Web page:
Label Love: Atlantic Records
Number two out of the list of six essential record labels
There’s a memorable anecdote from a jazz documentary I saw some while-back which argued that African-American music was much more appreciated domestically by non-Caucasian Americans and immigrants compared to the local white population. The emergence of Alfred Lion and Frank Wolff (Germans) at Blue Note, famed music journalist Ira Gitler and Verve Records’ main-honcho Norman Granz (Russian Jews), George Avakian (Armenian) at Columbia Records and of course Ahmet and Nesuhi Ertergün (Turks) at Atlantic Records were examples that proved the rule.
And it’s Ahmet (and to an extent Nesuhi) Ertergün’s work at forming Atlantic Records, which challenged the primacy of the major labels of the time (RCA, Columbia and Decca) and lead to the birth of rock’n’roll as we know it, that I’d like to delve in further detail in this segment.
After opting to stay in the United States after the death of his father (who was Turkish ambassador to the US), the jazz and rhythm & blues lover set up Atlantic Records (after hearing the name of a small jazz-label called Pacific Jazz) and recruited former dentistry student and A&R man for National Records Herb Abramson in 1947 with financial backing from a Turkish Dentist, Dr. Vahdi Sabit. After releasing a few minor hits, the label recruited Jerry Wrexler in 1953 (who had coined the term ‘Rhythm & Blues’ to replace the outdated ‘Race Music’ a decade earlier), and a whole new chapter of Atlantic Records started. The signing of Ruth Brown and Ray Charles a year later also proved to be catalysts in the evolution of the label and beat-based music in general.
As soon as Ray joined the label, he recorded a few soul classics for the label that would prove to be mainstream crossover hits. Many other contemporary luminaries soon followed, with Big Joe Turner, Charles Mingus, Professor Longhair, Mary Lou Williams and Dizzie Gillespie to name but five. Ahmet’s brother Nesuhi also soon joined the Atlantic roster as partner, producer and head of the label’s jazz-roster.
And according to Robert Greenfield’s excellent essay on Ahmet, it was soon after that the trio of the Ertergün brothers and Jerry Wrexler began to realize that their target audience was no longer rural and black. Rather, it was teenage and white. The message had come through loud and clear for the first time in 1954, when Big Joe Turner’s version of Jesse Stone’s “Shake, Rattle and Roll” was covered initially by Bill Haley & His Comets and then Elvis Presley. And thus, the transformation from the black-influenced R&B into the predominantly white sounds of Rock n’ Roll took place, as did Atlantic’s fortunes from being a small independent label into the single biggest player in the rock market.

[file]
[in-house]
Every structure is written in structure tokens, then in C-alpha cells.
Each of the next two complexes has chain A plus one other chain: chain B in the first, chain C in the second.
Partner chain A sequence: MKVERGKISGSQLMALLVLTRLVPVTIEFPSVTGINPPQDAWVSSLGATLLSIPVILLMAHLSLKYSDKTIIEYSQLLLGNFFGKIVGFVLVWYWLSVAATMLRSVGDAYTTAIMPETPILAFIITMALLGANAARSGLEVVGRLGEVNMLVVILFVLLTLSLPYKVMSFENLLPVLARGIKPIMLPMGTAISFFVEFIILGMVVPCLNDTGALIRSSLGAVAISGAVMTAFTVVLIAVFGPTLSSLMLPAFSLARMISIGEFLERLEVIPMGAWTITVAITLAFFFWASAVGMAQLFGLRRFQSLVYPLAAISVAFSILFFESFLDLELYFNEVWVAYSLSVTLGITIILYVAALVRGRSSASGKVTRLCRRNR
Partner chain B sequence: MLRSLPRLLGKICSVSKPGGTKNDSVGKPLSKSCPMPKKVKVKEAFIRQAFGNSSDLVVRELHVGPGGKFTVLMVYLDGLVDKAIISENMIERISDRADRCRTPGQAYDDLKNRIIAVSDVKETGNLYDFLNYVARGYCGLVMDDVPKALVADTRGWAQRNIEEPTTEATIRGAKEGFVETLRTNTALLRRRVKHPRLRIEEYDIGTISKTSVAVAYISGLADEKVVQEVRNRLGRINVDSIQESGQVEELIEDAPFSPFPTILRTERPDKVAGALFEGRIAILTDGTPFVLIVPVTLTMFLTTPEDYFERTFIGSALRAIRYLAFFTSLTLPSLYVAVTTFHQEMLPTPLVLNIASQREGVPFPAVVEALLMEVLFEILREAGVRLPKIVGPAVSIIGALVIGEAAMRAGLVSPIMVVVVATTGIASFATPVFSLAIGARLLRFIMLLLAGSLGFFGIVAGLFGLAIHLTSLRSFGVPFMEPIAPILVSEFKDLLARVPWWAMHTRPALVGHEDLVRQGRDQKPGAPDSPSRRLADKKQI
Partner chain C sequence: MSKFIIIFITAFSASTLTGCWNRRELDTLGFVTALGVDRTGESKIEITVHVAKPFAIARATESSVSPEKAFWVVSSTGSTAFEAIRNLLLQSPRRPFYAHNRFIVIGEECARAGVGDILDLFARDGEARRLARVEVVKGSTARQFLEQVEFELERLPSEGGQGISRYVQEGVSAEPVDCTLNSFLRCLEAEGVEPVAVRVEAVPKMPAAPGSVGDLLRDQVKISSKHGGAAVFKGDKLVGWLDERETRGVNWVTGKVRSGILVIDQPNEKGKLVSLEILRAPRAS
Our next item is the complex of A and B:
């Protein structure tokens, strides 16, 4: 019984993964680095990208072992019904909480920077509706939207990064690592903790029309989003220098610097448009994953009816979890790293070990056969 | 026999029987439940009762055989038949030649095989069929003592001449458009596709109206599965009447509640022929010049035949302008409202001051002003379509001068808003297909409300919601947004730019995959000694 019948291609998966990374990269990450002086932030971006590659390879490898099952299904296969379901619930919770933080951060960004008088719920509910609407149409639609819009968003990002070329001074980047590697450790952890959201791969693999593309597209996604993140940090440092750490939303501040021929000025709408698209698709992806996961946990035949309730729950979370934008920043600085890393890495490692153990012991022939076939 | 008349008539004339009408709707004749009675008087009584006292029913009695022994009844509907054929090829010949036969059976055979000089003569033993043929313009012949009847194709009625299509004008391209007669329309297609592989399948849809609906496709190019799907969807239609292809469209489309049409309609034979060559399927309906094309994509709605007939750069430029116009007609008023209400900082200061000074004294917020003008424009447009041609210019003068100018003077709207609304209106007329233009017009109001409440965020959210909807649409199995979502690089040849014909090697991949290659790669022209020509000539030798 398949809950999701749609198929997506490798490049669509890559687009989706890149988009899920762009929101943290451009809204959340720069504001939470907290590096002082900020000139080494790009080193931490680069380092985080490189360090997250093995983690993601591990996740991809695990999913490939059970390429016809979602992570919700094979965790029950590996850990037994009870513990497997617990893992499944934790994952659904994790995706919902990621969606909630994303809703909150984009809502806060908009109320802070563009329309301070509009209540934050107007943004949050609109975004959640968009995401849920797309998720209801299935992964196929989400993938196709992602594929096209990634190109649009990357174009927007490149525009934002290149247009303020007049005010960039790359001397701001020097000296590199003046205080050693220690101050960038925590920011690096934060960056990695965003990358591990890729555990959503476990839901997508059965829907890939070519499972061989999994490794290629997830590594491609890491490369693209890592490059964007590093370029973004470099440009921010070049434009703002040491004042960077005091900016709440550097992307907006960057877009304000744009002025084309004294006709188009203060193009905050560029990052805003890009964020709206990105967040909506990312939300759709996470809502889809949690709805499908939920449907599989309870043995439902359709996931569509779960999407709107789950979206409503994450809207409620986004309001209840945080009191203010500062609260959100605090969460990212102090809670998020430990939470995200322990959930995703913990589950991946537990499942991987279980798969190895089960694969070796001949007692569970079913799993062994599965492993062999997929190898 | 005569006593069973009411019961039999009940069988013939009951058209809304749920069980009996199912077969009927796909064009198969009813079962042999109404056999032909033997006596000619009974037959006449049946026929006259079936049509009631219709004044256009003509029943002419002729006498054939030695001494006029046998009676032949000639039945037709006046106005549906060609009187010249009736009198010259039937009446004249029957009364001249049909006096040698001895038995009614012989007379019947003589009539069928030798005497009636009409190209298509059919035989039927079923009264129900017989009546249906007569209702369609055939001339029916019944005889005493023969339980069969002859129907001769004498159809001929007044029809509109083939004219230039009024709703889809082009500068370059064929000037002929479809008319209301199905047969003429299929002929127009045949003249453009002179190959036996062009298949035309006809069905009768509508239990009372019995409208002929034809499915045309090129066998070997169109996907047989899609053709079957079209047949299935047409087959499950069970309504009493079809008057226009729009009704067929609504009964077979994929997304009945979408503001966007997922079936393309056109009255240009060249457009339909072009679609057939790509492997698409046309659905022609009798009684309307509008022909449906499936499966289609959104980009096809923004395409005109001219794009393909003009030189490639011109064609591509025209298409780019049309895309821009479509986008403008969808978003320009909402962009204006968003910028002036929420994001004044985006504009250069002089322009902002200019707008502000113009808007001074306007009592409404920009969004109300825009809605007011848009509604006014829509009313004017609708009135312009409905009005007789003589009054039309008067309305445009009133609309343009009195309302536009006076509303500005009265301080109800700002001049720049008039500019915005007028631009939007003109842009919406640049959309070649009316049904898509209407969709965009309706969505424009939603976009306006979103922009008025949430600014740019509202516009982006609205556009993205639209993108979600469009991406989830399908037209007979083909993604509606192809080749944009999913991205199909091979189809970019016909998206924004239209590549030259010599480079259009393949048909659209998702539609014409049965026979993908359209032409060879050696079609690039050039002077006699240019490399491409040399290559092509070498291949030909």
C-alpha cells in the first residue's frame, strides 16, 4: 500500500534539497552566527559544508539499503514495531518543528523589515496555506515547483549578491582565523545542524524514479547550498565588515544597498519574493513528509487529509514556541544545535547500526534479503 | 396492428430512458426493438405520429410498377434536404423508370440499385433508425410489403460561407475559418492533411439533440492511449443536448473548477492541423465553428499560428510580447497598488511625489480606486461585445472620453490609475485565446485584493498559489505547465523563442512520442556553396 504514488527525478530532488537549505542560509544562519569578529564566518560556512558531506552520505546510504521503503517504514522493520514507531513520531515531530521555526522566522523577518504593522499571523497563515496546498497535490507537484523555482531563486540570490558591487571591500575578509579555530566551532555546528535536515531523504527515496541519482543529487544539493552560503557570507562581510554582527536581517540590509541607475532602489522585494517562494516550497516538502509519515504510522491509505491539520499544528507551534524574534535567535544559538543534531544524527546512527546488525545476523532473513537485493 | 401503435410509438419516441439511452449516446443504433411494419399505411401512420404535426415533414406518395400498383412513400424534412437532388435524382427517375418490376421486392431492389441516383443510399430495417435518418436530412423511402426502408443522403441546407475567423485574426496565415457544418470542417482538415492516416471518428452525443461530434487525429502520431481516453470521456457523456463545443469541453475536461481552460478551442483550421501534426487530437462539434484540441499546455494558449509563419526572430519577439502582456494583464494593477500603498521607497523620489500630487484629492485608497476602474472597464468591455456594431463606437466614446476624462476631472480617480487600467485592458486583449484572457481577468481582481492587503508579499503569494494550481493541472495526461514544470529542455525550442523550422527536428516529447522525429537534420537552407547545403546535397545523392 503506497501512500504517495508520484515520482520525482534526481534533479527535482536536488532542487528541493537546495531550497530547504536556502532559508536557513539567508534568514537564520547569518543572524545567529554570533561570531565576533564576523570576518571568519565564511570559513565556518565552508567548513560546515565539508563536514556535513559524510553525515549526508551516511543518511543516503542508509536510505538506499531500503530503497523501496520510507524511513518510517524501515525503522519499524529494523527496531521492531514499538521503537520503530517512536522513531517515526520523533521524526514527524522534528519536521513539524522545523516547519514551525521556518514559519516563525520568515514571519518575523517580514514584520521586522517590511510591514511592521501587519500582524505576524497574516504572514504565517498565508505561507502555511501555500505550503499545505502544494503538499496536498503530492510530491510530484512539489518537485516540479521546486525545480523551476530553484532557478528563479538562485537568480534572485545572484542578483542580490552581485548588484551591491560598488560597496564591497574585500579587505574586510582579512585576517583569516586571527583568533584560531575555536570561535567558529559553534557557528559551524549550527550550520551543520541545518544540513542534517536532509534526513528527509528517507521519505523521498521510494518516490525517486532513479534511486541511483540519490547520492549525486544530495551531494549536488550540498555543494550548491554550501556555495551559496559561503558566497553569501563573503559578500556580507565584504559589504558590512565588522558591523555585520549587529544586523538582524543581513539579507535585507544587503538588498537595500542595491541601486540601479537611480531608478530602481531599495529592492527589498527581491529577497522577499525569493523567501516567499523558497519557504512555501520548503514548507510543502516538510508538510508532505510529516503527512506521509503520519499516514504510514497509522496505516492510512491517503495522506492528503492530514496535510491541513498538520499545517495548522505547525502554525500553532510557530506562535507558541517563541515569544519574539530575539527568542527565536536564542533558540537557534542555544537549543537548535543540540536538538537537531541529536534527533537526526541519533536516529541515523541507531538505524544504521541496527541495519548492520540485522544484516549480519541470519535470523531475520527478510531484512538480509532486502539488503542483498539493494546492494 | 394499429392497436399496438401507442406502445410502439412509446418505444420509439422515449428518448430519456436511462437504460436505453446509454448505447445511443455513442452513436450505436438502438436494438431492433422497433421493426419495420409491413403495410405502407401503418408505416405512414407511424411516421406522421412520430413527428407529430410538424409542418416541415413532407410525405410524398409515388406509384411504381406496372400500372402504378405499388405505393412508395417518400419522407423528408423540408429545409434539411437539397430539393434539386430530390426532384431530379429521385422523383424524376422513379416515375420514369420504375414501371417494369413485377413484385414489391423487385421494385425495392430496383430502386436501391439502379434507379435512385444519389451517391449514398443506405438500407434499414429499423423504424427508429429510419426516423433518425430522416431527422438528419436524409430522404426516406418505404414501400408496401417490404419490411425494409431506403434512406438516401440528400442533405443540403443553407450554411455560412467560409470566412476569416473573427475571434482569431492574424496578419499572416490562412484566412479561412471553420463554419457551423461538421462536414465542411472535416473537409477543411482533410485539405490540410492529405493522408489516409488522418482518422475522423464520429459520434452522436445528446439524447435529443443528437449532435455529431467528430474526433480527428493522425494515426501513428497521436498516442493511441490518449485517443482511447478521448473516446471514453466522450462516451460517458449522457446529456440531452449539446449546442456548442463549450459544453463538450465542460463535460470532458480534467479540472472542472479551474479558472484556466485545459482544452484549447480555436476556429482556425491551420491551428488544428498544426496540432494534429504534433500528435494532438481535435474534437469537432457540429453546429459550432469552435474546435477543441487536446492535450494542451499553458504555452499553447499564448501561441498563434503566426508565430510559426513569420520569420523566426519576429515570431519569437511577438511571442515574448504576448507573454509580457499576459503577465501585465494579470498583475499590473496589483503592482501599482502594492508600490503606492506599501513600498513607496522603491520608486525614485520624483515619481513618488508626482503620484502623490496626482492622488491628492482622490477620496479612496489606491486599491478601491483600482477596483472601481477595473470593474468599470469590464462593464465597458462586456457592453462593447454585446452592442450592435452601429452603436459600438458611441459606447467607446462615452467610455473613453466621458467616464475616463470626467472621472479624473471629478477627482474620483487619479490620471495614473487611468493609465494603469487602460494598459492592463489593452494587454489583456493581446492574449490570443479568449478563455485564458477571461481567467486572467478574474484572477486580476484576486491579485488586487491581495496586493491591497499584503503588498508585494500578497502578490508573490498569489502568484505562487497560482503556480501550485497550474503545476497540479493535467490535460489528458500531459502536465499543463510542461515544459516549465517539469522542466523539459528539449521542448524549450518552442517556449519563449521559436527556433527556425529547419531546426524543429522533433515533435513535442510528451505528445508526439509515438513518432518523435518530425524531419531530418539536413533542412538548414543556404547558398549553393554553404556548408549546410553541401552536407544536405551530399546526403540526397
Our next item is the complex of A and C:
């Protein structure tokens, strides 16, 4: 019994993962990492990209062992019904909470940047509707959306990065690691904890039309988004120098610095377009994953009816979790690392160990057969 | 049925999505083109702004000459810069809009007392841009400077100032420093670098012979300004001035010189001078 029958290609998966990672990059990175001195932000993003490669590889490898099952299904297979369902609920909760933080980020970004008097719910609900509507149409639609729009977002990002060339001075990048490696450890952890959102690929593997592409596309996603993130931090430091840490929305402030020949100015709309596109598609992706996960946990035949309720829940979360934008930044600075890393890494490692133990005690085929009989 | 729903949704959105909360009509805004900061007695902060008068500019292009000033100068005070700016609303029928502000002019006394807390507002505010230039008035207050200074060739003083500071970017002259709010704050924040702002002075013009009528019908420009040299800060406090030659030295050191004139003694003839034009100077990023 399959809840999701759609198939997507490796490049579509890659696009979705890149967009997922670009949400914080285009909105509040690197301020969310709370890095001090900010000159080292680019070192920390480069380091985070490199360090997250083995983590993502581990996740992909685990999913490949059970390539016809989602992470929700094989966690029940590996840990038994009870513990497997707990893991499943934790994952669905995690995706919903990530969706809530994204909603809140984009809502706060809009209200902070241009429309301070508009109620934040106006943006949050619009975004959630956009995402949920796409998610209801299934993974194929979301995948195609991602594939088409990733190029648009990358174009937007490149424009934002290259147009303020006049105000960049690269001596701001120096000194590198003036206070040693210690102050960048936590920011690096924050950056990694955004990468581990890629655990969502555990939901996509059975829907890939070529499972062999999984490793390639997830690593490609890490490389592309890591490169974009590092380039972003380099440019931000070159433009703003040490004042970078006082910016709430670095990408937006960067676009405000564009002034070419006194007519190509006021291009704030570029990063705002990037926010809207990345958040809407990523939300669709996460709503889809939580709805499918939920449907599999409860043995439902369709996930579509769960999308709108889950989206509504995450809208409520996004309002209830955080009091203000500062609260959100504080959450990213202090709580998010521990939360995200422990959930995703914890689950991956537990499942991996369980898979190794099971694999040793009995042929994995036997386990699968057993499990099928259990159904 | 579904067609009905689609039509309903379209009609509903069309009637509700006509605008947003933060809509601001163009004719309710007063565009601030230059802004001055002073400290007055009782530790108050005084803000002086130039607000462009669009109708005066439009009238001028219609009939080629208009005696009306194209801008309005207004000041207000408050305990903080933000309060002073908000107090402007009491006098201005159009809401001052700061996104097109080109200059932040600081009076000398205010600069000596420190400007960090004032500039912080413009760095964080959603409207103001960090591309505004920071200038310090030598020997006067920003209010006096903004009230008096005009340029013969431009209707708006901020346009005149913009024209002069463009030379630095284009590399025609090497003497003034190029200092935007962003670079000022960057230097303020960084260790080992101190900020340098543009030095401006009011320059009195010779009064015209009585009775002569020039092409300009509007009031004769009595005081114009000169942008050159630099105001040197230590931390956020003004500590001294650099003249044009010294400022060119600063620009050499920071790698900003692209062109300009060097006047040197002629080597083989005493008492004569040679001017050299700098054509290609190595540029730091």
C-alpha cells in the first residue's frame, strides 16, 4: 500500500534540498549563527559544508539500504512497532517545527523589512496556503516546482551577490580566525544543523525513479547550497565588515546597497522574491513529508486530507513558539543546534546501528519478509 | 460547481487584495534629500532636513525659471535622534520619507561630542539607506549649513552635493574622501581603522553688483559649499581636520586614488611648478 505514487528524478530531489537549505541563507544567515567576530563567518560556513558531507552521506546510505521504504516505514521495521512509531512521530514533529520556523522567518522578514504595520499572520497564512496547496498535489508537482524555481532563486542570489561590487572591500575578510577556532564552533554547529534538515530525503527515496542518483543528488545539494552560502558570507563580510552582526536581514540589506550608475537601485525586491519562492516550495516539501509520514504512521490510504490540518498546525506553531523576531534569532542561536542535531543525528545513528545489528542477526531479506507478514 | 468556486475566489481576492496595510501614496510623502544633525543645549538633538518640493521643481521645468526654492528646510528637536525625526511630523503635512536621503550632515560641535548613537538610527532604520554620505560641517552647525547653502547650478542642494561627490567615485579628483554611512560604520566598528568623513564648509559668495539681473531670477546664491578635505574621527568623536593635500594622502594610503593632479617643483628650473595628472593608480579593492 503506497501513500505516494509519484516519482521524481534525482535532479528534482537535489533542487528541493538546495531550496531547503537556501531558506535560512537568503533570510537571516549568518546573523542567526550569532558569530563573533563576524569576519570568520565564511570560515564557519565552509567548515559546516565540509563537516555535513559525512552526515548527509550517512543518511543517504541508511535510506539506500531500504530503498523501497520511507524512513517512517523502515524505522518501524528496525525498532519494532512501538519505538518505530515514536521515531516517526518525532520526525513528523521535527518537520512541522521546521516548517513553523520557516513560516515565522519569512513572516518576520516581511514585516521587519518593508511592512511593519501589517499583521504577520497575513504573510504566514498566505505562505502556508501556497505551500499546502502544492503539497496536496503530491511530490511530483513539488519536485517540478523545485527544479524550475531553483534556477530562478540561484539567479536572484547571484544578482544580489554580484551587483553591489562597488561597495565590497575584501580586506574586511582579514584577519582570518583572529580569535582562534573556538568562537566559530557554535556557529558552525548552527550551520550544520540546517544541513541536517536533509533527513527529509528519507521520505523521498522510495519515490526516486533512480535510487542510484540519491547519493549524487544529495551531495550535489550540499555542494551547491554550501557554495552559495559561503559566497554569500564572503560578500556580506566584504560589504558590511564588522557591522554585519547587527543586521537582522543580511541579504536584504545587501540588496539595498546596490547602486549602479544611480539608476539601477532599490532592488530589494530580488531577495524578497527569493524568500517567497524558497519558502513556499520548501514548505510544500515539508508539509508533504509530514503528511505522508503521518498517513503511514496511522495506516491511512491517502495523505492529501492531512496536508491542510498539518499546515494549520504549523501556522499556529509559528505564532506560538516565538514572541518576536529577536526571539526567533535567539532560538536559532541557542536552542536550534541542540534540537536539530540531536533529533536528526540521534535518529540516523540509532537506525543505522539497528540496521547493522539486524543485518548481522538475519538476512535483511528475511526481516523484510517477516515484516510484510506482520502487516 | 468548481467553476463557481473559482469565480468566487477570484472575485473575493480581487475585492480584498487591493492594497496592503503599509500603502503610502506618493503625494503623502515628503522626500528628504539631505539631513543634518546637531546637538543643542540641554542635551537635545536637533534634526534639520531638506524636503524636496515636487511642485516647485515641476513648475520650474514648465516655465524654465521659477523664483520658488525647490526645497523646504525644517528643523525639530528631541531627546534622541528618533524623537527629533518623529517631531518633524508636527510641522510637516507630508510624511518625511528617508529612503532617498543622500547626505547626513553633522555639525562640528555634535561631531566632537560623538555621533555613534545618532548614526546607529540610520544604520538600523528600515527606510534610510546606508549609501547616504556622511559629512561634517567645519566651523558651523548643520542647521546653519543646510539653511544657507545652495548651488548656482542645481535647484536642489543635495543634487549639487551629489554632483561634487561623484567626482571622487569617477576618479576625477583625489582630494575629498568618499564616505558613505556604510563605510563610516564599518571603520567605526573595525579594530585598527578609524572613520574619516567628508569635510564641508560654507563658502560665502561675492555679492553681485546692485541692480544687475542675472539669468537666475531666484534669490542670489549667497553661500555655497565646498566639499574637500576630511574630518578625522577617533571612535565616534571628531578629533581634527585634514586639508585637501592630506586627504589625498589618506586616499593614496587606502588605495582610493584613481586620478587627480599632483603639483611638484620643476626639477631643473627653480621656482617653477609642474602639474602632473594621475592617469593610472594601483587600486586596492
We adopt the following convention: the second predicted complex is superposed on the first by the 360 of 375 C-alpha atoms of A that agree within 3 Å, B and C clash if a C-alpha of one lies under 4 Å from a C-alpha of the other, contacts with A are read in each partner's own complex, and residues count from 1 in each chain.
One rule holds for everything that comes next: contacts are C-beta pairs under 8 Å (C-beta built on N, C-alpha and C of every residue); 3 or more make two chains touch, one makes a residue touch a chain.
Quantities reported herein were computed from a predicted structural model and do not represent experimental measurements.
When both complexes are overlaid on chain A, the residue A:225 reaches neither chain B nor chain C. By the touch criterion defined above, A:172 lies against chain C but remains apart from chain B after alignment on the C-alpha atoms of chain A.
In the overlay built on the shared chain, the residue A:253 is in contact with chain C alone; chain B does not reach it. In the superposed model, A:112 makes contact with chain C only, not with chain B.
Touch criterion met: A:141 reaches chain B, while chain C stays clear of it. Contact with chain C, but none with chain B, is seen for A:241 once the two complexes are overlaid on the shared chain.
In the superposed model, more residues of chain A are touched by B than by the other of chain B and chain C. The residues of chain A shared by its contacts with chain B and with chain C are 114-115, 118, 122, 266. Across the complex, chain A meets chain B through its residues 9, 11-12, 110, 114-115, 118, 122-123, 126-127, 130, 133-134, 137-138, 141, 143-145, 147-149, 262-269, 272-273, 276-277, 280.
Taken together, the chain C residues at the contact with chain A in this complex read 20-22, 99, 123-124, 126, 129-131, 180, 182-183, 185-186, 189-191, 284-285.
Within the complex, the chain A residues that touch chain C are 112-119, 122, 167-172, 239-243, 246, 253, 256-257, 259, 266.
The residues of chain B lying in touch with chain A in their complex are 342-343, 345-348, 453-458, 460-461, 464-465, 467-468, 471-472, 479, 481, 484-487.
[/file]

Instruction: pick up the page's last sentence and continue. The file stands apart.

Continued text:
As the 60s came by, Atlantic were on a high. They tied up a distribution deal with Stax Records and played a big role in the emergence of Otis Redding. This was soon followed by hits from Mar-Keys, Rufus and Carla Thomas, Solomon Burke, Wilson Pickett, Sam and Dave, Percy Sledge, and Joe Tex. Yet it was at the height of their powers that Atlantic received a buyout bid from Warner Brothers in 1967. Reluctant to sell, Ahmet finally wilted and allowed the company he built to be sold for $12 million (which later turned out to be a bad deal compared to Atlantic’s real worth). But with the Ertergün brothers and Wrexler staying at the label, the label got even stronger throughout the late 1960s and early 1970s by releasing memorable albums by Led Zeppelin, Frank Zappa, Cream, Aretha Franklin, Crosby Stills Nash & Young, and a whole host of others.
For yours truly, the aura and mystique of the label faded as the 1970s came to a close. Atlantic may have become larger and more powerful throughout the 1980, 90s and up till the present day, but the reckless sense of idealism had long since passed. Yet for every awful album Atlantic released in those periods (Kid Rock or 2-Live Crew anyone?), there’ll always be a Charles Mingus’ Blues & Roots, Big Joe Turner’s Shake, Rattle & Roll and Led Zeppelin.
Ahmet Ertergün slipped and fell at a Rolling Stones benefit concert in New York City in 2006 and passed away a few weeks later. A tribute concert to the man was held the following year with a reunified Led Zeppelin headlining the event to say farewell to arguably the greatest music executive of the 20th century.
Ffonz’ 5 Essential Atlantic Recordings:
1. John Coltrane – Giant Steps
2. Ray Charles – What I’d Say
3. Big Joe Turner – Shake, Rattle & Roll
4. Aretha Franklin – Rock Steady
5. Led Zeppelin – Rock ‘n’ Roll